Friday, June 20, 2014

Gibson's KOM Attempt on Danger Pass

As kids, we used to cruise the golf course on our bikes on Mondays when the course was closed for maintenance. The golf cart paths were perfect for this. Without any golfers around, it was our own private circuit, and a long one at that.

Hole #16 (par 3, 172 yards, blue tees) was one of our favorites. Starting from the #17 tee box, it descended with a sweeping turn that flanked a densely wooded embankment hiding a rocky creek some eight feet below. Normally, this hill wasn't a hazard for golf carts because they typically went uphill to advance to the next hole. Nevertheless, the golf course engineers mitigated the risk by building a railroad-tie curb and a three foot high, braided-steel cable fence to catch any troubled carts from going off the path and into the creek below.

But riding the four-foot wide path downhill, with all those hazards, on bike with only a coaster brake, was exhilarating as it was nerve racking.

We called it Danger Pass.

By now, there is no doubt you can guess where this is heading. Shall we continue? Good.

One Monday, my buddies Gibson, Burkemper and I were riding the course. As we approached #16, Gibson impromptly blurted out that he was going to set the course record on Danger Pass. For those regular followers of this blog, you may recall Gibson. He's stuntman Sam, the same guy who also attempted to jump #7 pond on the same golf course.

Setting a record on Danger Pass was a gutsy call. Long before there was commercial GPS or Strava, we kept track of course records on Casio digital watches. If no one wore a wrist watch, then counting Mississippi's was the next best thing. A King of the Mountain was still a KOM no matter how it was recorded. Even back then, a KOM still meant nothing, and everything.

Now when a kid said he was going to do something this monumental, his word was final. There was no talking about it, either to encourage or dissuade him. At best, a simple head nod was all that was necessary when such a claim was staked.

So like when a golf pro attempts a daring shot, a sobering hush fell over Burkemper and I as Gibson lined up his approach atop #17's tee box (green arrow). Gibson paused as the wind tousled through his curled hoosier-mullet. Then, he stood and deftly drove the force of his leg into his pedal, setting into motion the historic run at Danger Pass.

Greenbriar Hills CC #16, AKA Danger Pass
One Mississippi, two Mississippi... Gibson was a quarter way into the turn and was making good speed. At three Mississippi, he had stopped pedaling, his inside leg tucked in high and tight as he leaned into the turn. His line was good, approaching from outside to the inner apex.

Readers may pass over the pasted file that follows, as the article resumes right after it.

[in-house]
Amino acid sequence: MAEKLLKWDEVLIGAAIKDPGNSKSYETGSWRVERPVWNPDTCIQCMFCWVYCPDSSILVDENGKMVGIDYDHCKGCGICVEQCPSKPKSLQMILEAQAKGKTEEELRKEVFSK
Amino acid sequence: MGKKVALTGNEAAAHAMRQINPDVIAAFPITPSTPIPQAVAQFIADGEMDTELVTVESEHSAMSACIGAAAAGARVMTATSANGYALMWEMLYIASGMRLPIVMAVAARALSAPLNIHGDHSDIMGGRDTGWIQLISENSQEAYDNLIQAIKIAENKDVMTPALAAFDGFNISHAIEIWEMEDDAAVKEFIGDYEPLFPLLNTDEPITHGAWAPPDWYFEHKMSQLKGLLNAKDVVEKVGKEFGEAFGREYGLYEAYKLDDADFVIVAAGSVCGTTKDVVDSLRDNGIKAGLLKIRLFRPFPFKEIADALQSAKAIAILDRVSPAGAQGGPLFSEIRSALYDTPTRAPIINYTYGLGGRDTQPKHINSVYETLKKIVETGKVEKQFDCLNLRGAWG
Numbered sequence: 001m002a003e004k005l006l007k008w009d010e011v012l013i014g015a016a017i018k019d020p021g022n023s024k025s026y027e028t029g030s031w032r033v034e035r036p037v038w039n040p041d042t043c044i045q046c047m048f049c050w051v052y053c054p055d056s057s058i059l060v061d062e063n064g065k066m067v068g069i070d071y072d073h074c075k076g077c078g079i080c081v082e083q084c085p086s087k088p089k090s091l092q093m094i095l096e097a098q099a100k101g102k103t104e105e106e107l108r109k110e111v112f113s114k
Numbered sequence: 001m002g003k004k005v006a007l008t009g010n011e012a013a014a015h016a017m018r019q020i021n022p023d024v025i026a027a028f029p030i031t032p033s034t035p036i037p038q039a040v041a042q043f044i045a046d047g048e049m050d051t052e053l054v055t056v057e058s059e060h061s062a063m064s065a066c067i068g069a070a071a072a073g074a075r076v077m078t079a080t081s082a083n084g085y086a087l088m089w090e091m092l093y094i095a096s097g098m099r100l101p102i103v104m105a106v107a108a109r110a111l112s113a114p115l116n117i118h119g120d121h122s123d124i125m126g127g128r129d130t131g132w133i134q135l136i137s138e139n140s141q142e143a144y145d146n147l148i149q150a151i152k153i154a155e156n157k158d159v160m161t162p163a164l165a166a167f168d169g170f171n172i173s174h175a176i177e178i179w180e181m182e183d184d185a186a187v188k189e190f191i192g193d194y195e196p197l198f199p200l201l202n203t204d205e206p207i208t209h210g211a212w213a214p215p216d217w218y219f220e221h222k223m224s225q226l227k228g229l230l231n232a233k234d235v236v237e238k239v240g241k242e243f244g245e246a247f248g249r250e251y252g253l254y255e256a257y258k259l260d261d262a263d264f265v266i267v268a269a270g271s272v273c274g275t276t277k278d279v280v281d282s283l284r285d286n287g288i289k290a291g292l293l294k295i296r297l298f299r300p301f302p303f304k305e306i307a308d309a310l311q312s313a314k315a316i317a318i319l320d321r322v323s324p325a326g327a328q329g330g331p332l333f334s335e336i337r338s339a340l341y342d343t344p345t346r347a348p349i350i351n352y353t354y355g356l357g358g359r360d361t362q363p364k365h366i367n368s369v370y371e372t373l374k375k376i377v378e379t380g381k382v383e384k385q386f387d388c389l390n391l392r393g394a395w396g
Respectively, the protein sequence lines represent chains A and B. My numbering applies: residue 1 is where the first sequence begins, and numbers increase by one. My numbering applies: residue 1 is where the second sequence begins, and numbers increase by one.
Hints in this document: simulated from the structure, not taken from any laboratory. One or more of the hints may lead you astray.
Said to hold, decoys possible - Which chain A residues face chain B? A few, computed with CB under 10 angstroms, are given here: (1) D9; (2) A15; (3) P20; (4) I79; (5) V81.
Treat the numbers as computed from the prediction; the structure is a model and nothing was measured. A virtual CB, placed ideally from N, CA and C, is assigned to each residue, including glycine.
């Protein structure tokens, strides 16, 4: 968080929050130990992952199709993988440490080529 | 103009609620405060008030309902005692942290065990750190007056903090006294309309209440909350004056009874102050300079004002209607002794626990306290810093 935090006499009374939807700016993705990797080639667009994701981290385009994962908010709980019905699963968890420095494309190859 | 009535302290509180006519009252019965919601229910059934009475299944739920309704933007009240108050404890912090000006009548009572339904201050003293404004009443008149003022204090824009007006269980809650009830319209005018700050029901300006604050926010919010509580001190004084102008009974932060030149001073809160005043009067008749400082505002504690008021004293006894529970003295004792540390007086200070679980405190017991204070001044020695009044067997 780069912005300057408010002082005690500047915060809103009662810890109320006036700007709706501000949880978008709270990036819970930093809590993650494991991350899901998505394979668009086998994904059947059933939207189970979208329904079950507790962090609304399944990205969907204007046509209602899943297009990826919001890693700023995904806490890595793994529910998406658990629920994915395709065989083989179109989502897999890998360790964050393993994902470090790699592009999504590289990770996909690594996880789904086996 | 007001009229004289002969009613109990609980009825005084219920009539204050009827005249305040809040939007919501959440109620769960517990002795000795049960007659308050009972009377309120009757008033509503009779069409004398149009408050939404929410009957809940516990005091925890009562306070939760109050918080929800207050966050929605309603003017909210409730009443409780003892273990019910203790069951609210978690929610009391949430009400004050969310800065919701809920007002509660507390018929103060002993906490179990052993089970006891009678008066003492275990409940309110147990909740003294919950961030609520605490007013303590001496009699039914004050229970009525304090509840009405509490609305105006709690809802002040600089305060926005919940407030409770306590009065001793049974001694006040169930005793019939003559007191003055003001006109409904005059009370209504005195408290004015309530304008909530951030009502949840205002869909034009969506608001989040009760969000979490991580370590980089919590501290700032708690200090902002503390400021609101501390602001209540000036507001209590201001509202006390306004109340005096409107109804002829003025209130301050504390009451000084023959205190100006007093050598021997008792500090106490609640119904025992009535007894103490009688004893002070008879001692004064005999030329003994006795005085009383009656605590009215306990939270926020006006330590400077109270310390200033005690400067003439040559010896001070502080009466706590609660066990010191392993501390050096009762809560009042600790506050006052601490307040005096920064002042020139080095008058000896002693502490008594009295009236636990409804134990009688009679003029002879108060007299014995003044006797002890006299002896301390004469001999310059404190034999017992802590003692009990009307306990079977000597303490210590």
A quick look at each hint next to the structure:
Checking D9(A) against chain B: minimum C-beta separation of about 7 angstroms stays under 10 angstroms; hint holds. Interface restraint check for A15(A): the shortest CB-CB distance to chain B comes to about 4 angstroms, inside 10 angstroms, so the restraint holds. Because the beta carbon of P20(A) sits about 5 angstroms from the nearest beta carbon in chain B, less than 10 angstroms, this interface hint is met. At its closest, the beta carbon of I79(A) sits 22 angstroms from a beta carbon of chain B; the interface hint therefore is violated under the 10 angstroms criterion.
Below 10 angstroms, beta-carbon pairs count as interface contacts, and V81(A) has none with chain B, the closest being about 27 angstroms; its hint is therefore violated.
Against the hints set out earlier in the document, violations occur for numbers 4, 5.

At four Mississippi things started to go awry (yellow arrow). His front wheel bobbled over a patch of rough asphalt. He attempted to correct it, but alas, the sharp corner was all over him, or he was all over it (red arrow). And just like that, his front wheel drove into the railroad tie while the three braided steel cables snared his bike, catapulting him over the handlebars where a mouth in the dense foliage formed and opened wide, swallowing him whole.


We hurried to the spot his bike had come to a rest. The trees burped up muffled moaning as we bushwhack towards him. I spotted him first.

You know that scene in Extra Terrestrial (1982) when E.T. had all but given up hope of ever returning home, and they found him all pasty looking in that creek bed?


E.T. had nothing on Gibson

Gibson looked far worse. Far worse. His skin was as ghastly white as E.T. was, but c'mon you could tell E.T was a rubber suit. And where was the blood? Gibson had all the pastiness that E.T. had, plus the blood: a bloodied face, arms, knees, and a deep gash on shin.

I could go on and on about how Burkemper was slapping leaves on Gibson's wounds, and how he started to take off his belt to apply a tourniquet to Gibson's leg, but in the end, Gibson managed to walk home on his own power. When it was final, he had a broken collarbone, eight stitches in his shin, and lots of small cuts and bruises all over.

We gave the KOM to Gibson. As far as I know, that was the last time anybody attempted the Danger Pass KOM anyway.

There. I'm done with KOMs-Gone-Bad for awhile.

Happy Friday and thanks for reading.

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